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I am confused about the independent variables in thermodynamics. I know that for a one-component, one-phase system, there are only two independent intensive variables that can be chosen and which values will determine all other ones. I would like to know which variables we can choose for the intensive variables. As I understand, it must not be pressure and temperature (the natural variables of the internal energy) but can be any intensive variable, so two from a pool of variables like:

$I = \{p, T, \rho = m/V, M = m/n, V_m, \dots\}$

Are we really free to choose any 2 of those? I can e.g. not imagine choosing the molar mass $M$ and $p$ to describe all properties of an ideal gas, as the ideal gas equation can be reformulated as:

$pV=nRT \Leftrightarrow pm/\rho =nRT \Leftrightarrow pM/\rho=RT$

which means that for any choice of $M$ and $p$, $T$ is not determined, since another variable $\rho$ needs to be chosen.

Edit:

I think my question was too specific on the molar mass. Actually, I wanted to quite generally know how we can choose them. For example, if we include also extensive variables, such as conjugates of the intensive ones, or even $U$, $H$, $G$ and $A$ can the independent variables still be chosen completely freely?

  • Could we e.g. take $U$ and $H$ as our two independent variables?
  • Could we take $p$ and $V$ as out two independent variables?
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In addition to p and T, the third variable is either molar density $\rho=\frac{m}{MV}=\frac{n}{V}$ or its reciprocal, molar volume $V_m=\frac{1}{\rho}=\frac{MV}{m}=\frac{V}{n}$.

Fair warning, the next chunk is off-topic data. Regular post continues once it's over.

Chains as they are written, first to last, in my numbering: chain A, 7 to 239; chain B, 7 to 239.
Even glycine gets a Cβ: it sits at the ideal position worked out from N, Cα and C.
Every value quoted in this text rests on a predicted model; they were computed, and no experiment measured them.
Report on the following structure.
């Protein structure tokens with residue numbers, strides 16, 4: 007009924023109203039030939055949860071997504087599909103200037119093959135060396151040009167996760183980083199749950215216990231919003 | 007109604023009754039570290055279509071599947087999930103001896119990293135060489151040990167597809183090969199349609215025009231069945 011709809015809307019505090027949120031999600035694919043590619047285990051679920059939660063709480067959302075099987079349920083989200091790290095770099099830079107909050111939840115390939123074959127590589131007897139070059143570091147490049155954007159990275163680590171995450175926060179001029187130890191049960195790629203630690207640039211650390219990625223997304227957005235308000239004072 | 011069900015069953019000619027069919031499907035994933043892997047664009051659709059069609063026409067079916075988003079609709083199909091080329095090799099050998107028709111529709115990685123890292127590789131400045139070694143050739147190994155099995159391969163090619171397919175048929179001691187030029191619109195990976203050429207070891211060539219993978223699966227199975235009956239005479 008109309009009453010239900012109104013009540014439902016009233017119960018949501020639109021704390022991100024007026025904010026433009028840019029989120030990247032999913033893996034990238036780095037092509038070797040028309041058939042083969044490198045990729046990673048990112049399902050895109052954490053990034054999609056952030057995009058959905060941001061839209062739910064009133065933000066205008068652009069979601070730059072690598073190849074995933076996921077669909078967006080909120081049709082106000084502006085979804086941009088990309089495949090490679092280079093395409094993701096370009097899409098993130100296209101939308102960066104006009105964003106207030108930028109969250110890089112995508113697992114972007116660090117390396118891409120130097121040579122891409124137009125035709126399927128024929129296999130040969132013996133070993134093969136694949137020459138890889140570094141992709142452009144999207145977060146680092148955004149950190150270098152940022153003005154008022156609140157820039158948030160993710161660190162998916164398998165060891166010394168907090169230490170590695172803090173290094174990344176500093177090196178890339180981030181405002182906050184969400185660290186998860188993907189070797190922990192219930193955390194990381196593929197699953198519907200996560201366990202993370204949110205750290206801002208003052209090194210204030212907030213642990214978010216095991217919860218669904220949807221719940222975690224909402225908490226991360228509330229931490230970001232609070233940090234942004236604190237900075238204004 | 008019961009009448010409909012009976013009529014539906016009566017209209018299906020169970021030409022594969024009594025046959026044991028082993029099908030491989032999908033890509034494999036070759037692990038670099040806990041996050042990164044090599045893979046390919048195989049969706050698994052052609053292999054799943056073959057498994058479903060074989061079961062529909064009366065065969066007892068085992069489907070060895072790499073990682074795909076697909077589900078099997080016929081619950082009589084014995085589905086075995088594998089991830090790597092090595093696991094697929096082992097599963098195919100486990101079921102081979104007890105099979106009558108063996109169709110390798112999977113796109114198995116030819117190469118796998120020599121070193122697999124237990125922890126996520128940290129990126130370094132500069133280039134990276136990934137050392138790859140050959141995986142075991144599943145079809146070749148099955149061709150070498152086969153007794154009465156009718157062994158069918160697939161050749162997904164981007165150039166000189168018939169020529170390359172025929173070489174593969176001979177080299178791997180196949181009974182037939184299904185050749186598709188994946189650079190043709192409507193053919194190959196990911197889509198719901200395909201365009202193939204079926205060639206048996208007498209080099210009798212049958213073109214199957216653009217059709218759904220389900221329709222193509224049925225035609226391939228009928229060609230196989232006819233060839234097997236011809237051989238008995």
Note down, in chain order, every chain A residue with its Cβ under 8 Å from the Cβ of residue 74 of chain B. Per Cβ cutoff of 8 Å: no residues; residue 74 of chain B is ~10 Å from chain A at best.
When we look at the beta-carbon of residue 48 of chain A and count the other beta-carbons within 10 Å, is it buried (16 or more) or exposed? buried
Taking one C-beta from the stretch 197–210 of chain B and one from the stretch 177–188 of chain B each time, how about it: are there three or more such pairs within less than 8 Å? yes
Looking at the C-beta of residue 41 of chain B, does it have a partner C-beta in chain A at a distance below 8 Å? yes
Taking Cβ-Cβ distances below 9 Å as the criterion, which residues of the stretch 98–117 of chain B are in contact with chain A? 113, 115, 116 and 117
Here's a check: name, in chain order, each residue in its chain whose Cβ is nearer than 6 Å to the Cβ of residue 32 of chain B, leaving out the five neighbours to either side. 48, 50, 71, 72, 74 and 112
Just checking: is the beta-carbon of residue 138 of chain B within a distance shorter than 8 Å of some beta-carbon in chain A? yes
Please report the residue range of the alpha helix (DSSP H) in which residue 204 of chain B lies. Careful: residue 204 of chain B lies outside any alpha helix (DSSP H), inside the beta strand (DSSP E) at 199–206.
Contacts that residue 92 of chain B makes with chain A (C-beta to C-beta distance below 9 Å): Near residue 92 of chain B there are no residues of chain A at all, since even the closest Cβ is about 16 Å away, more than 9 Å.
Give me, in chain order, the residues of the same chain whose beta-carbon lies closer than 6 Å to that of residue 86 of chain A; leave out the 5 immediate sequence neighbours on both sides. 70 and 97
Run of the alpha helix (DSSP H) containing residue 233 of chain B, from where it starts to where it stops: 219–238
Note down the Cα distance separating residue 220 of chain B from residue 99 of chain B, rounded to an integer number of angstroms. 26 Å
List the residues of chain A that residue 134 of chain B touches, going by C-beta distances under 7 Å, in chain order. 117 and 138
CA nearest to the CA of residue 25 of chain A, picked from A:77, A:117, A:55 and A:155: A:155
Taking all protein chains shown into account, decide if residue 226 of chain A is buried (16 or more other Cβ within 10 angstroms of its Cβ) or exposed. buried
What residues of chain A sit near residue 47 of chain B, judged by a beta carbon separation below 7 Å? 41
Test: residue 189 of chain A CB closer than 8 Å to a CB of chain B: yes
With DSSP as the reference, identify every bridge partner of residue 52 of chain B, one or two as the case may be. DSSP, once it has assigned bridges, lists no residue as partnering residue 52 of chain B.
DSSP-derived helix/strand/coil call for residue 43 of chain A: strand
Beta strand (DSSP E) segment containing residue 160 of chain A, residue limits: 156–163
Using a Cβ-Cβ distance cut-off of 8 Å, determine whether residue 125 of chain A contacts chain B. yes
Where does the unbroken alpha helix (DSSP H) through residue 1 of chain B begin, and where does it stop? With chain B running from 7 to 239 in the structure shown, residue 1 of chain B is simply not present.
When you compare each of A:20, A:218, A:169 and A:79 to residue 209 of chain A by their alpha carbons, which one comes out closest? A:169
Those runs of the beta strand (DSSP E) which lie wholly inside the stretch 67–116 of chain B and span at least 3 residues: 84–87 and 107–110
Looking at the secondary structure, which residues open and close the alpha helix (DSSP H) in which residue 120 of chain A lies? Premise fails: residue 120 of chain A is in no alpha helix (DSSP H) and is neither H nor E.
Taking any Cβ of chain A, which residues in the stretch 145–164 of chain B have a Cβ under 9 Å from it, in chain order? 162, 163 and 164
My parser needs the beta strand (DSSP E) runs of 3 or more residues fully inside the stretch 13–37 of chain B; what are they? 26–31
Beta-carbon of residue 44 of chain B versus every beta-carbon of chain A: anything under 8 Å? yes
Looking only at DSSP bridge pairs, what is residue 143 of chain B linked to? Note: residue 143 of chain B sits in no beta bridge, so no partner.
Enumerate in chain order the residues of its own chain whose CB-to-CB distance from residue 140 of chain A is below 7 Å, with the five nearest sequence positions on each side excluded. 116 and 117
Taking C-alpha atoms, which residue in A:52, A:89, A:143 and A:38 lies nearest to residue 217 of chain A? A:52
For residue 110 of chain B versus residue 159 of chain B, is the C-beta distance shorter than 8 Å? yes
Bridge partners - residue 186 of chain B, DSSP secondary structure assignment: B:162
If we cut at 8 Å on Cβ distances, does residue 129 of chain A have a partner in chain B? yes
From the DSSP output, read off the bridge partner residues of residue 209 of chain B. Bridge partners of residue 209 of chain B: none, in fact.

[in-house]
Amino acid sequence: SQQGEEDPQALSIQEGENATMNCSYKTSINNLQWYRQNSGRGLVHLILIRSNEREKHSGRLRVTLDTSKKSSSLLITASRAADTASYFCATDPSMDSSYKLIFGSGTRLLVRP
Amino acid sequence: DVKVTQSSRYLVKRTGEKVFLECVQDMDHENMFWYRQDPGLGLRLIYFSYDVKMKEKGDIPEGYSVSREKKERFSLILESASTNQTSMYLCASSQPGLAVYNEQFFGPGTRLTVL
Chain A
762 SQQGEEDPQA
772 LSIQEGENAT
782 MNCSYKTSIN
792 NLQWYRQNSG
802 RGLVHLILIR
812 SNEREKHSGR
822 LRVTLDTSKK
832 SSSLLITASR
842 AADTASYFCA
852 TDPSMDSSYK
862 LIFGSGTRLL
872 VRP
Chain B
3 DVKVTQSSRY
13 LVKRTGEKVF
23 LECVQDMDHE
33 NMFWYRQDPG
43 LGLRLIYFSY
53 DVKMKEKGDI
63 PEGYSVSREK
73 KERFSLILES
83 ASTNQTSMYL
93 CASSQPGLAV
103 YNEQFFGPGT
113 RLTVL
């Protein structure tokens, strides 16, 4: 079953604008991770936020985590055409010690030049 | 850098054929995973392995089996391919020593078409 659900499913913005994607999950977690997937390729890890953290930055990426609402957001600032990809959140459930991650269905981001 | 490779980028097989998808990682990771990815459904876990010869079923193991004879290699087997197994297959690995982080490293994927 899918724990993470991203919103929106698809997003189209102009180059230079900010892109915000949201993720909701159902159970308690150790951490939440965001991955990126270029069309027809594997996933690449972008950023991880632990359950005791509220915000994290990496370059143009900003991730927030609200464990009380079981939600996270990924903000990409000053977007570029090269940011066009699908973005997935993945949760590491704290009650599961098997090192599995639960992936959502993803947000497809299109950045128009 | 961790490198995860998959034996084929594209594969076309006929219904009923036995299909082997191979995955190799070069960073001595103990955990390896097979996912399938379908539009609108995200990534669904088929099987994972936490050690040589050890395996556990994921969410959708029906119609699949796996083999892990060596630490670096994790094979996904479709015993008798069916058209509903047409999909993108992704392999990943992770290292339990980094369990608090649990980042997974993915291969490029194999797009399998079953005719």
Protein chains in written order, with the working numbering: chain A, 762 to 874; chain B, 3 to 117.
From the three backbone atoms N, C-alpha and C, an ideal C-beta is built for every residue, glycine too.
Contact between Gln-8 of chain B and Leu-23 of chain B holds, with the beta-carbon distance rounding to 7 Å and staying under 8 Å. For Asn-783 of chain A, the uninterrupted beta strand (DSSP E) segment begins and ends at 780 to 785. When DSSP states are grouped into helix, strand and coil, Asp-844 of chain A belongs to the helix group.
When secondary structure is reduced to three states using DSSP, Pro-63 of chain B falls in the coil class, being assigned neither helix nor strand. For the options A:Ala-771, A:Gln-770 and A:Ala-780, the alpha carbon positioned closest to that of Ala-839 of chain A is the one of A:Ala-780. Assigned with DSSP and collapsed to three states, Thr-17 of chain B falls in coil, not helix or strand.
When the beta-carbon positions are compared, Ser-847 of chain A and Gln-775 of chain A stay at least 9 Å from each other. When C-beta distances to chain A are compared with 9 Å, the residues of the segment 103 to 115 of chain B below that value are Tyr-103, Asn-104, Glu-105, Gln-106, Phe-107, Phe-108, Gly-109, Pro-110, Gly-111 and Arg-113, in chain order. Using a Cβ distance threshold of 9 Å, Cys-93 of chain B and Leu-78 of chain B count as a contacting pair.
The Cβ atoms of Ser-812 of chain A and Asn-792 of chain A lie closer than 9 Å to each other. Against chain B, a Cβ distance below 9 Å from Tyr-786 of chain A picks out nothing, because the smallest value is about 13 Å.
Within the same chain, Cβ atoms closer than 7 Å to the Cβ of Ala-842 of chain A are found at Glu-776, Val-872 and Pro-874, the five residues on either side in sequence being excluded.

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  • $\begingroup$ Thanks, this is great and answers a part of my question. This means that the molar mass is no suitable thermodynamic variable for this system right? Could you extend your answer in a more general way and also consider my new edit of the question? $\endgroup$ – Guiste Mar 7 at 13:19
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I think your confusion is here:

  • "I know that for a one-component, one-phase system, there are *only two independent intensive variables that can be chosen* and which values will determine all other ones," (italics are mine).

Having only two intensives is not what characterizes a simple one-component one-phase system, it is rather *your choice* to have the simplest possible characterization that way, i.e., with two intensives. It is perfectly possible that the molecules of your material have electric dipole moments but you keep the external bias field at some arbitrary but fixed value (it could be zero, too), and you do not explicitly care about the mutual electric dipole interaction and just take that as part of the over-all thermal/pressure response.

Similarly, if you wish so, you can ignore the total amount of mass/volume of the system and look only at its local thermal pressure/response but then you are ignoring, for example, surface effects. In general, you need two equations of state to describe a thermostatic system: (1) thermal equation of state that is a relationship among the directly measurable but not necessarily controllable variables including temperature $$f(T, p,\rho, V, \mu, \mathcal E,\mathcal M, \mathcal B,...)=0$$ (2) and a caloric equation of state that describes how energy/entropy/work are related: $$g_1(U, T, p,\rho, V, \mu, \mathcal E,\mathcal M, \mathcal B,...)=0$$ or $$g_2(S, T, p,\rho, V, \mu, \mathcal E,\mathcal M, \mathcal B,...)=0.$$ For the simplest case the equations can be $T=T(p,V)$ or $f=f(T,p,\rho), ...$ and $U=U(T,p)$, or $U=U(p, v)$, or $S=S(T,\rho)$, $g_1(U,p,v)=0$, etc.$

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  • $\begingroup$ Thanks. Of course, the choice of variables should be made regarding the system. But is it true that mathematically we are really free to choose any 2 variables from the set of conjugate thermodynamic variables (p/V, T/S, \dots) as the independent variables of a specific coordinate patch of the thermodynamic manifold? Let's say we have an open system, for which we need to define 3 independent variables and we choose $\rho=m/V$, $V$ and $m$, would these not be linearly dependent? $\endgroup$ – Guiste Mar 8 at 1:59

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